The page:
Investor briefcase Business model
Investor briefcase Business model
|(1)||Showmax partnership with Comcast, NBCUniversal and Sky effective from April 2023 i.e. falls into FY24.|
|(2)||General entertainment content. Numbers exclude religion, specialist, free to air (FTA) and audio channels. Proprietary channel count includes channel brand variations for different regional or cultural preferences and/ or dialects. International channel count excludes specialist Indian, French and Chinese language channels.|
|(3)||Channel count includes regional variations for Africa and Nigeria.|
|(4)||Also includes our DStv Business packages and add-on packages such as our French, Indian, Portuguese and Chinese channel packages on DStv in Rest of Africa which are not shown in the graphic above.|
|(5)||Irdeto also provides services to external customers outside of the group.|
|(6)||Moment was in early start-up phase in FY23.|
New products and services added to our ecosystem to enhance our value proposition to customers in the home include:
|(1)||Certain markets have package structures and package names tailored for in‑market preferences, (e.g. Nigeria, Angola and Tanzania) and therefore differ slightly from our typical package tiering. Rest of Africa pricing in US dollars varies by market due to exchange rates and in-market pricing dynamics – averages for core markets excluding Portuguese markets shown.|
|(2)||Measured across South Africa and 11 core Rest of Africa markets.|
|(3)||Measured across eight Rest of Africa GOtv markets.|
AT THE END OF FY23:
|(1)||Decrease driven by net loss and dividend paid in FY23, partially offset by exchange gains on translation of foreign operations and fair value gains in the hedging reserve.|
|(2)||Relates to 90-day active subscribers.|
|(3)||Includes non-cash advertising contributions of ZAR106m in FY23 (FY22: ZAR123m).|
We manage our capitals to create and sustain long-term value for our stakeholders. In the short term, it is not always possible for all capitals (or the stakeholders who provide them) to benefit equally, and some capitals may benefit at the expense of others. When deciding how best to create, preserve or erode value we are often required to make trade-offs between capitals and stakeholders, and between short and long-term value creation.
Some areas where we made these trade-offs in FY23 are described below:
Pricing decisions create a trade-off between customer relationships and financial capital.
We need to accommodate cost increases and reinvestment in our business, while also considering shifts in consumer spending. We achieve a balance by controlling costs and investment spend, and by making research-based pricing decisions which factor in price elasticities, consumer price inflation, exchange rate movements, etc.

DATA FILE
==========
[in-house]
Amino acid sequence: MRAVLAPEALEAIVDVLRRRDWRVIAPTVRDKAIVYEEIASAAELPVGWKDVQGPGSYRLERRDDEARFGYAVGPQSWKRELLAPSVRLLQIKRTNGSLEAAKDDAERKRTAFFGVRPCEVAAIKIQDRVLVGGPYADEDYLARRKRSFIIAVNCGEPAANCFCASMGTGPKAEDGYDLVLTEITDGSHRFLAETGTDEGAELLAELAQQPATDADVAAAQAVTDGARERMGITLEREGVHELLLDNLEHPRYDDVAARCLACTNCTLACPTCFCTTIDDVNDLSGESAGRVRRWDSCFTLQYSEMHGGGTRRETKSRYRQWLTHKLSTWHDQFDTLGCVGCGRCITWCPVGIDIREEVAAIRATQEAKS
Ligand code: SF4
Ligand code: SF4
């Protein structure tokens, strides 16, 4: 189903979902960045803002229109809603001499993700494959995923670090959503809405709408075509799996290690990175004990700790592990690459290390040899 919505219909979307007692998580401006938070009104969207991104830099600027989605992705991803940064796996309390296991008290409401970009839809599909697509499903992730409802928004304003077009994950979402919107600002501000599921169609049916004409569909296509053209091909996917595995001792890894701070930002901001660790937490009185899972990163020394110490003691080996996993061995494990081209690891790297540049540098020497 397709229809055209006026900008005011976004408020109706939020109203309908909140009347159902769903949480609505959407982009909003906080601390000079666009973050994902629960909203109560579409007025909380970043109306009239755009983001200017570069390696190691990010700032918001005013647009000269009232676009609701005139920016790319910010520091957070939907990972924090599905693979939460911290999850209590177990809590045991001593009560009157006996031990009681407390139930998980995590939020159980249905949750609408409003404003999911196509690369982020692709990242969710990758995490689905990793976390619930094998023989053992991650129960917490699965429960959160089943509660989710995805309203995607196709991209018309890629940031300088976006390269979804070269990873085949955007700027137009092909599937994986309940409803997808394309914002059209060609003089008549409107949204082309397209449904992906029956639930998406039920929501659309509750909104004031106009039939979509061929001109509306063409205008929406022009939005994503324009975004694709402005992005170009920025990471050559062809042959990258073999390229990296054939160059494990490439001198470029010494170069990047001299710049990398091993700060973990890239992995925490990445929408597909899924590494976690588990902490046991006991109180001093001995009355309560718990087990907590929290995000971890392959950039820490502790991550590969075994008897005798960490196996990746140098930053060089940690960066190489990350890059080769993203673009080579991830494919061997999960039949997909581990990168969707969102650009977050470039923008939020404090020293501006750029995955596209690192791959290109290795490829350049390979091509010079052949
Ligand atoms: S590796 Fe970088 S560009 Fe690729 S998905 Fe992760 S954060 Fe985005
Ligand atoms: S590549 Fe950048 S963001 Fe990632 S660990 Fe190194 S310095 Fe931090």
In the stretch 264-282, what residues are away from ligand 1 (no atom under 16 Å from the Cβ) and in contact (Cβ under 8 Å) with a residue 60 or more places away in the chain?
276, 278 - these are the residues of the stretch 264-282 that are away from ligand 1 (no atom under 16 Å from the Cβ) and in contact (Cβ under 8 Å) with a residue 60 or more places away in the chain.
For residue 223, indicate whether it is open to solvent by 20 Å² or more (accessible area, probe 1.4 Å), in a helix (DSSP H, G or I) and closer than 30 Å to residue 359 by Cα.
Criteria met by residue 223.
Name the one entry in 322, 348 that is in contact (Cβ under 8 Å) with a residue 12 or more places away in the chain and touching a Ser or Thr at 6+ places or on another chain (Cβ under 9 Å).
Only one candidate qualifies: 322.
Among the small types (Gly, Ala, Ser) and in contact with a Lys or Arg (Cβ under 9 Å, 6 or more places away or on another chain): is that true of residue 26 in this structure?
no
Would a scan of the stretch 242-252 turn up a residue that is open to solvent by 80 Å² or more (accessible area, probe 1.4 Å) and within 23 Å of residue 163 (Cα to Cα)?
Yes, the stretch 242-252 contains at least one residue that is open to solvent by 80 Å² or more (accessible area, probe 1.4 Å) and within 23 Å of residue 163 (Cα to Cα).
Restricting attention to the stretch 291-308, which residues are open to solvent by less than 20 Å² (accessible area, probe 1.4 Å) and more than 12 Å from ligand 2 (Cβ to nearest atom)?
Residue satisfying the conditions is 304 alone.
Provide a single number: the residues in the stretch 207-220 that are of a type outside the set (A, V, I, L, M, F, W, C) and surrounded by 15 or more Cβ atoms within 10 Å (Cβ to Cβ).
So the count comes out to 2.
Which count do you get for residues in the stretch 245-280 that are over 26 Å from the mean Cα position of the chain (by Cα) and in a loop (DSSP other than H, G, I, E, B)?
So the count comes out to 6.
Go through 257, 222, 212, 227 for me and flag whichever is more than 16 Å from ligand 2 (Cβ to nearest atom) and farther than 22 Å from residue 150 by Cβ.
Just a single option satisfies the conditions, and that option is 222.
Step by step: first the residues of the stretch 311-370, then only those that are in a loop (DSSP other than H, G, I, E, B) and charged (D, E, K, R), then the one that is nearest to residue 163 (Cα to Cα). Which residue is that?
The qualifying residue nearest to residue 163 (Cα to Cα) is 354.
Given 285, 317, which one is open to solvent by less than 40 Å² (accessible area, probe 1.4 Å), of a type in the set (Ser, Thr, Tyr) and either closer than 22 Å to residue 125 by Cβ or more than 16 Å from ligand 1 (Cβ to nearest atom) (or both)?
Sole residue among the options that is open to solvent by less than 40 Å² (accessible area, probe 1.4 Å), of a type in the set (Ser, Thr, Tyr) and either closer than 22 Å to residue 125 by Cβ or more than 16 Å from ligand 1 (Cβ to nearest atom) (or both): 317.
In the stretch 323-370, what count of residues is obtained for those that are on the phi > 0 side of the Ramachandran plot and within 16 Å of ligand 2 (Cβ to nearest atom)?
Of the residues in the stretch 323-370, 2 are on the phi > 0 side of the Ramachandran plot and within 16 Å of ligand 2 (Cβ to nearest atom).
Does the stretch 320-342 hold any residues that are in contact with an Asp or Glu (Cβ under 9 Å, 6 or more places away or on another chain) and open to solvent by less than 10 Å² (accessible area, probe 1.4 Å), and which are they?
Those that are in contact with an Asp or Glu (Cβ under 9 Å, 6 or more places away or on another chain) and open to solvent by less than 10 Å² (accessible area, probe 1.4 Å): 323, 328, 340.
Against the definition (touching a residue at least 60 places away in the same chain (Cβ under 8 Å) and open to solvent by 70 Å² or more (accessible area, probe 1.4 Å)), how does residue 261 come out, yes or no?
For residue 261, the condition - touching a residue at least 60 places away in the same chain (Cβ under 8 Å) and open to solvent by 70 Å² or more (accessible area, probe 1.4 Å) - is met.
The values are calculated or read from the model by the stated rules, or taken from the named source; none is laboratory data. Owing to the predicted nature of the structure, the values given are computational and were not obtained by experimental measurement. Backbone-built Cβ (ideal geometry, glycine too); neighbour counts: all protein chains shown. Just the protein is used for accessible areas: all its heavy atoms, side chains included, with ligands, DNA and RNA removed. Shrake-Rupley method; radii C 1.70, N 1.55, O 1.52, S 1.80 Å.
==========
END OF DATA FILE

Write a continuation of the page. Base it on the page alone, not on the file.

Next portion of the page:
We aim for price increases at or slightly below inflation, but seek to accommodate specific in-market dynamics, (e.g. pressure on affordability) when necessary. For example, in FY23 we passed low single digit price increases for the Premium and Compact Plus packages in SA that were well below inflation but put through inflationary or slightly below inflation pricing in the bulk of our key markets outside of SA.
We aim to deliver positive operating leverage (i.e. organic growth in our cost base lower than the organic growth rate in our revenues) through cost savings and efficiencies. In FY23, cost saving measures delivered ZAR1.3bn (FY22: ZAR1.2bn), which protected our financial capital by generating positive organic operating leverage of 0.39%, but required a trade-off as some of our suppliers were impacted by these difficult decisions. Loadshedding and ongoing economic pressure in South Africa negatively affected customer activity and revenue generation, which negatively impacted cost recovery.
As part of our culture of driving efficiencies, we carefully monitor content viewership. Where content is not performing, we may remove it from our platform if we can’t agree on commercial terms that fairly reflect its value to our viewers. This may impact some of our customer relationships, but this trade-off is typically balanced by reinvestment elsewhere in our content portfolio.
Our shareholders have varying requirements in terms of returns, with some expressing a desire for steady or higher dividend payments relative to annual free cash flow generation, while others are supportive of reinvestment into existing and new business opportunities. Dividend payments require a number of trade-offs:
Since our listing, we have demonstrated a propensity to use gearing to optimise our capital structure and enhance long-term shareholder returns through targeted investment in attractive opportunities.
Our leverage could be increased further from current levels, but we have adopted a balanced approach to avoid adding undue financial risk to operational risk at a time when we are in the process of returning our Rest of Africa business to sustainable cash flow generation.
We are also cognisant of the upward trend in the interest rate cycle and the tax deductibility of interest on borrowing costs.
In an increasingly connected world with global content giants offering broader choice through direct-to-consumer streaming options at lower average ARPUs and no upfront costs to consumers, our traditional linear pay-TV business model is impacted in a number of ways which requires us to make trade-offs between our financial capital, our customer relationships, and our supplier relationships.
The net effect of this on content (original vs licensed) is that we are:
The net effect of this on distribution is that we are:
Supporting DTH, DTT and OTT broadcasting and streaming infrastructure as the industry evolves.
|(1)||Relates to 90-day active subscribers.|